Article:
Chinese tech giant Baidu has launched The Matrix, er, the Xuperchain blockchain (via Baidu).

Chinese search giant Baidu launches Xuperchain blockchain

At about one-seventh the cost of competing blockchain-as-a-services platforms, the goal is to make it easier for small companies to launch DApps

Chinese search giant Baidu has launched a public blockchain network designed to allow small companies to inexpensively launch and run decentralized apps, according to local reports. 

Monday’s announcement of the public beta launch of the Baidu Xuperchain blockchain follows President Xi Jinping’s October call to make China the world leader in blockchain.

Xuperchain is a “blockchain basic service” for small- to medium-size businesses and developers who want to rapidly deploy and operate blockchain DApps, according to a report in iFeng Finance.

Deploying a medium-sized DApp on Xuperchain will cost about 7,000 yuan a year (roughly $1,000). That is about one seventh of the cost a competing blockchain-as-a-service provider would charge, the report added. Baidu’s goal, the article said, is to lower high barriers to getting a blockchain application up and running

Along with low cost, Baidu said Xuperchain’s advantages include “autonomous security,” rapid verification, and the capability of handling 10,000 transactions per second.

The report offers no details on a Xuperchain token or cryptocurrency. 

In a whitepaper (Chinese language) published in September, Baidu said it planned to apply Xuperchain technology and six decentralized applications to various sectors including food safety, product quality, retail, manufacturing, supply, and social networking. 

Define decentralized

Xuperchain’s open network complies with Chinese regulation and relies on a series of masternodes throughout the country, the report said. The use of masternodes—generally designed to provide advanced services and governance on a blockchain—imply the network is not completely decentralized.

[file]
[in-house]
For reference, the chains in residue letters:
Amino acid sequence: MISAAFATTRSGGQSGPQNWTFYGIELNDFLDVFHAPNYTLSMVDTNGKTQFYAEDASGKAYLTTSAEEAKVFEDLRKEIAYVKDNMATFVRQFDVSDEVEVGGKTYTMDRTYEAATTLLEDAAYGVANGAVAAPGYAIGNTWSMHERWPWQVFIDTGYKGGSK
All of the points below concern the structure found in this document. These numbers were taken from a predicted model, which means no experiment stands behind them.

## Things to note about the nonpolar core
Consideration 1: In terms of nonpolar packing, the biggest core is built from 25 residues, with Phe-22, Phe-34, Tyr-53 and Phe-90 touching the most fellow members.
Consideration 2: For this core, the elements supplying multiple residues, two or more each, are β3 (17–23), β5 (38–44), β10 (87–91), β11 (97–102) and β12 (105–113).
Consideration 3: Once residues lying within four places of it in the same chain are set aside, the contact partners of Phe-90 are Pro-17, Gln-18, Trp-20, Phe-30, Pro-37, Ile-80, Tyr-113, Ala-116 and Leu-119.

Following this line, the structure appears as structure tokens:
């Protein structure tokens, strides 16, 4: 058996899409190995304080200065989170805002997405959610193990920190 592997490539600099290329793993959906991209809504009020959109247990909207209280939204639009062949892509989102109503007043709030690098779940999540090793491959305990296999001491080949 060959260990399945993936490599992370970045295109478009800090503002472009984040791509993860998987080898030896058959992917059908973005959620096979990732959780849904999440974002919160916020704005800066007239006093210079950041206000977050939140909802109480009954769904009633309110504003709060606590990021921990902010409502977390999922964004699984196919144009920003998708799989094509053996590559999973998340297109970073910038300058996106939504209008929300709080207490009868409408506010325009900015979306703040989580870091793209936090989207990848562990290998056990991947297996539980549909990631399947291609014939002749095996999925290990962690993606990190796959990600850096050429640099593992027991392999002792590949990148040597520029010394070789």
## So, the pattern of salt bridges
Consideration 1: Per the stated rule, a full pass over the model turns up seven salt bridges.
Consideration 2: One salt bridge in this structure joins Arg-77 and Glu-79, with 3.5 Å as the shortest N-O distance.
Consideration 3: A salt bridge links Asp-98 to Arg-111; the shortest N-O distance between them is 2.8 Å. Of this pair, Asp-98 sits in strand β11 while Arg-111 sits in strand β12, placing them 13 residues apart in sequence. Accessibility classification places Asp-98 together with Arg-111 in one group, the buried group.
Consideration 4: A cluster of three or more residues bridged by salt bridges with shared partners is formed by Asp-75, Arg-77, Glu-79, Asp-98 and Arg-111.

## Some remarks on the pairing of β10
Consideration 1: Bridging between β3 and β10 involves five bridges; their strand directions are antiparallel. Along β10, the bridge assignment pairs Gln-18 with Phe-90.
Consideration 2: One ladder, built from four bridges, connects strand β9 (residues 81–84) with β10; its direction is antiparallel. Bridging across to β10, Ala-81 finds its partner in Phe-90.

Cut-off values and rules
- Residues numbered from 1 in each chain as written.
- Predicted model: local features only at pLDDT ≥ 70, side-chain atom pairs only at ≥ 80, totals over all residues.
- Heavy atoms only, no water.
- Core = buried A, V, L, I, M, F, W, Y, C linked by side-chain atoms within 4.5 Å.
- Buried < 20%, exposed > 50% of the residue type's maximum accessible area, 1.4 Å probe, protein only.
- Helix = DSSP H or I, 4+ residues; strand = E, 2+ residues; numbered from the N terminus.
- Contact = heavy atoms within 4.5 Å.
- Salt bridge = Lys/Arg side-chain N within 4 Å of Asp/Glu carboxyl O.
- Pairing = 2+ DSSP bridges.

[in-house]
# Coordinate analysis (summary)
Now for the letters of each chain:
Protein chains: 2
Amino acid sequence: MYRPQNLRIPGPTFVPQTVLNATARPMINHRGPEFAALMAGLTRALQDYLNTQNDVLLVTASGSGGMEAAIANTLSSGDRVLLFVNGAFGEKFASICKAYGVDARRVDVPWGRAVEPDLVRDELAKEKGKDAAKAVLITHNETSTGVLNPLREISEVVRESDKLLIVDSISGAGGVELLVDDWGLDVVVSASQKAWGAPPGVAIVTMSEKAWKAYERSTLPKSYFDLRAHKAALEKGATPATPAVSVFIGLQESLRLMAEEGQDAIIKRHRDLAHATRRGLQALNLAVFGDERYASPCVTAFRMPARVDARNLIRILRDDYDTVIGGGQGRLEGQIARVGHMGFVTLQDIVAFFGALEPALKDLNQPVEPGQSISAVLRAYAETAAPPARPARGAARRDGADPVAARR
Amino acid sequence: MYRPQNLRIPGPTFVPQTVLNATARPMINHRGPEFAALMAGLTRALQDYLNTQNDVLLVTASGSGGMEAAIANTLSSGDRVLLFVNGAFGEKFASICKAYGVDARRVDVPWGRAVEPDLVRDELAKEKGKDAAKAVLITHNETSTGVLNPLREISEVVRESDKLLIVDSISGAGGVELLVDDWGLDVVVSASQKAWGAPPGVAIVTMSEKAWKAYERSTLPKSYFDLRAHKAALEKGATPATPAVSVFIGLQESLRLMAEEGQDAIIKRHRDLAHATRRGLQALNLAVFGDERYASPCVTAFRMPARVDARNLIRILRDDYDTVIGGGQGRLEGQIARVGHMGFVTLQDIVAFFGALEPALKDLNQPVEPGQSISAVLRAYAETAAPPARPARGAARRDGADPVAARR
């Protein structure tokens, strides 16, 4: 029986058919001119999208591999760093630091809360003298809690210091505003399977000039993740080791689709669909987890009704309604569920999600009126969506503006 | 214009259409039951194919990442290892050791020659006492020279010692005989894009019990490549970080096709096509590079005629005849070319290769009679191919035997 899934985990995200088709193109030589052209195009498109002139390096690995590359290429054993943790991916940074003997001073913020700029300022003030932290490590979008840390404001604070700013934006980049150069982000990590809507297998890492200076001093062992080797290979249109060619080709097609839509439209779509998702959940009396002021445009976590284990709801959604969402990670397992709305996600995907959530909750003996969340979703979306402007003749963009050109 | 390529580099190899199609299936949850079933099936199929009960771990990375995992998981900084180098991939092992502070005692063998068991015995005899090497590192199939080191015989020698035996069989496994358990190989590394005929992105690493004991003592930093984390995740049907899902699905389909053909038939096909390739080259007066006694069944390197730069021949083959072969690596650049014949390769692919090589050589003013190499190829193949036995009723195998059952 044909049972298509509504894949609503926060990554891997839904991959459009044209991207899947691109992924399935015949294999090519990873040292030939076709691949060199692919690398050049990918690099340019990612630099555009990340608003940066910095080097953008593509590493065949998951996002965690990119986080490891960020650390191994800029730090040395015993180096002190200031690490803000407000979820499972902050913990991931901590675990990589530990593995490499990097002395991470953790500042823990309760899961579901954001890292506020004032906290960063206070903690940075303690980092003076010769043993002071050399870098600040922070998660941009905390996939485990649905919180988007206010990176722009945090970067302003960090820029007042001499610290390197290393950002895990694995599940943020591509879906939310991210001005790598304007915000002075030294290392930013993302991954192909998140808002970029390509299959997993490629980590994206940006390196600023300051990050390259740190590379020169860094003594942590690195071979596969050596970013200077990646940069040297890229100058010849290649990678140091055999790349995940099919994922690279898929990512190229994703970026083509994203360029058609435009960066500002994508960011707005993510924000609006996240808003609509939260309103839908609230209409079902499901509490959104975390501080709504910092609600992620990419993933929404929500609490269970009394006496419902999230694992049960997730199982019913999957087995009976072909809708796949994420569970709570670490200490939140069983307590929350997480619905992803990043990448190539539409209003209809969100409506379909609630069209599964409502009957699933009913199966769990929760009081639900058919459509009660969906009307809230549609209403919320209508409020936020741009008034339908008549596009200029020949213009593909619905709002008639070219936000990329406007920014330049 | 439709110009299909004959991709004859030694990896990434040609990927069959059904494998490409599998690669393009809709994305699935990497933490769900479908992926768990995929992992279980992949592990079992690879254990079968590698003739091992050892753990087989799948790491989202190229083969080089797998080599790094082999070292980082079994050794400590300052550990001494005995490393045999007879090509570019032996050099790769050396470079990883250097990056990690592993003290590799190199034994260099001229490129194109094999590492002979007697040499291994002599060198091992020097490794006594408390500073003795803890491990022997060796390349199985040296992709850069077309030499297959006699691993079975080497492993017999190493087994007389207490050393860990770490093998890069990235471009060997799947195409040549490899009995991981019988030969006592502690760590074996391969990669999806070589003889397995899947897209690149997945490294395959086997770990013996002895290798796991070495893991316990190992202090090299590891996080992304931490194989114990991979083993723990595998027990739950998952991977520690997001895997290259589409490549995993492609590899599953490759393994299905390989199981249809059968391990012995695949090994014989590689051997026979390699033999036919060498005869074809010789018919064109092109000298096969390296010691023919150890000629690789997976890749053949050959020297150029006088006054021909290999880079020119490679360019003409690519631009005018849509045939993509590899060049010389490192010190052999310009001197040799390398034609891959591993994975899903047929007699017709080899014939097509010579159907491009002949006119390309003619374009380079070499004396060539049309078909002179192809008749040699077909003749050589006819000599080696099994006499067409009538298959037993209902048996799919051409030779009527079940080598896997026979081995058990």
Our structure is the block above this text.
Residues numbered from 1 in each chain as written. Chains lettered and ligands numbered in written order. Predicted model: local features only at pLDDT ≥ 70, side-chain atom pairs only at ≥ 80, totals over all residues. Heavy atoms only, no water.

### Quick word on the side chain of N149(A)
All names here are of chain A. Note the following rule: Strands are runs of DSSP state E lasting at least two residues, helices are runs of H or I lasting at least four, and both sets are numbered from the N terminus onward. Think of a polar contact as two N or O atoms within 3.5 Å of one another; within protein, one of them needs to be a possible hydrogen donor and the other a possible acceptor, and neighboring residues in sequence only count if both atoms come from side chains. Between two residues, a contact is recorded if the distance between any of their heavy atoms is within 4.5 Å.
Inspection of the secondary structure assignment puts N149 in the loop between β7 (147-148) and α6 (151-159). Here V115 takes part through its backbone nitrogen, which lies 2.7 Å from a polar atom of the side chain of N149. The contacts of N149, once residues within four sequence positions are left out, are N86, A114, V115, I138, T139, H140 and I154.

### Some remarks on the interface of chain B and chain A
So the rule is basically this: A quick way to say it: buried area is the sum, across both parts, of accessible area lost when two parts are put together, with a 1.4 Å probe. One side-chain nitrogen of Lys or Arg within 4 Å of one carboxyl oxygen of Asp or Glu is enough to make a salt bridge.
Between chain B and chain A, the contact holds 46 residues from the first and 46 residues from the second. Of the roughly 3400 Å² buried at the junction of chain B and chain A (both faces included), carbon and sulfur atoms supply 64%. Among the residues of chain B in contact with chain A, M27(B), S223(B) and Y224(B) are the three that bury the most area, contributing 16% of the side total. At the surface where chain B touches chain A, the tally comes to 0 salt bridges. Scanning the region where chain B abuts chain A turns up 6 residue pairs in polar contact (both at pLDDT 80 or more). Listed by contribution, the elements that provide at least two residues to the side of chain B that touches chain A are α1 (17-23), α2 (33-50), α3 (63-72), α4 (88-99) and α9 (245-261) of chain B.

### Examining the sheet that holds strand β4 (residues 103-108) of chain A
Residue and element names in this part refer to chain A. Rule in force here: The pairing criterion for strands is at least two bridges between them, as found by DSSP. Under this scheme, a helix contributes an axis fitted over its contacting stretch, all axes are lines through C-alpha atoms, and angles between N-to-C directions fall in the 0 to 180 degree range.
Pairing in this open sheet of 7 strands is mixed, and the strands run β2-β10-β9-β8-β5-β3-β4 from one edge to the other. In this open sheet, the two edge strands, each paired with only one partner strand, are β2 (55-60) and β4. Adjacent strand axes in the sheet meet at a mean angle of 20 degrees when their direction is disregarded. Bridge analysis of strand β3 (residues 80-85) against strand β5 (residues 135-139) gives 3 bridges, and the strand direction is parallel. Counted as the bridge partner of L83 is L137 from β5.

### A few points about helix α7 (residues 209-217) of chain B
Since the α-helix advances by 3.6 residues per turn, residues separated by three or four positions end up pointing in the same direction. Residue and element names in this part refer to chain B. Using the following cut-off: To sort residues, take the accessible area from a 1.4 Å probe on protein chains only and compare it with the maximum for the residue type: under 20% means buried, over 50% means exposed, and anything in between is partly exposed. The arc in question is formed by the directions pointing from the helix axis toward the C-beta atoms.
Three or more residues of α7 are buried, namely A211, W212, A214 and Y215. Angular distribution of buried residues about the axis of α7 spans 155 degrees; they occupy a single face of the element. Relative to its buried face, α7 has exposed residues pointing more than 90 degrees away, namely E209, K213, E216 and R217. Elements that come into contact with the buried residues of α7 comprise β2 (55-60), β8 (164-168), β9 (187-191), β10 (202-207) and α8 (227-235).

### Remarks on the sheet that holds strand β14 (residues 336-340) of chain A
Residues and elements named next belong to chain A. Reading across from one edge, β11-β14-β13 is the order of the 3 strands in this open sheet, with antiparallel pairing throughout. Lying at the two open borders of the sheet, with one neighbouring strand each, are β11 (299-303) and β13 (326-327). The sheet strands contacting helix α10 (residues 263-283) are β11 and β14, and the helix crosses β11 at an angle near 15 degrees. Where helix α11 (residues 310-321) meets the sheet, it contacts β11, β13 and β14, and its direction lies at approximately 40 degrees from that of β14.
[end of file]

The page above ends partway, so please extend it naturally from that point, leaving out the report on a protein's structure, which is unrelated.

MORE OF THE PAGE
So far, Baidu Xuperchain relies on a network of seven supernodes, including those run by Tsinghua University, streaming company iQiyi, and other “authoritative institutions.” 

That ties into China’s stated determination to retain centralized control of blockchain technology while still touting its decentralized nature. It is similar to how the government’s planned central bank digital yuan is going to be “controllably anonymous.” 

The underlying open source code for the Baidu Xuperchain blockchain is available on GitHub. Xuperchain also has its own block explorer for viewing transactions on the network.

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Amy Castor has more than 20 years' experience in journalism. Her work on crypto and blockchain has appeared in consumer and trade publications throughout the U.S., including CoinDesk, Forbes, Bitcoin Magazine, and The Block.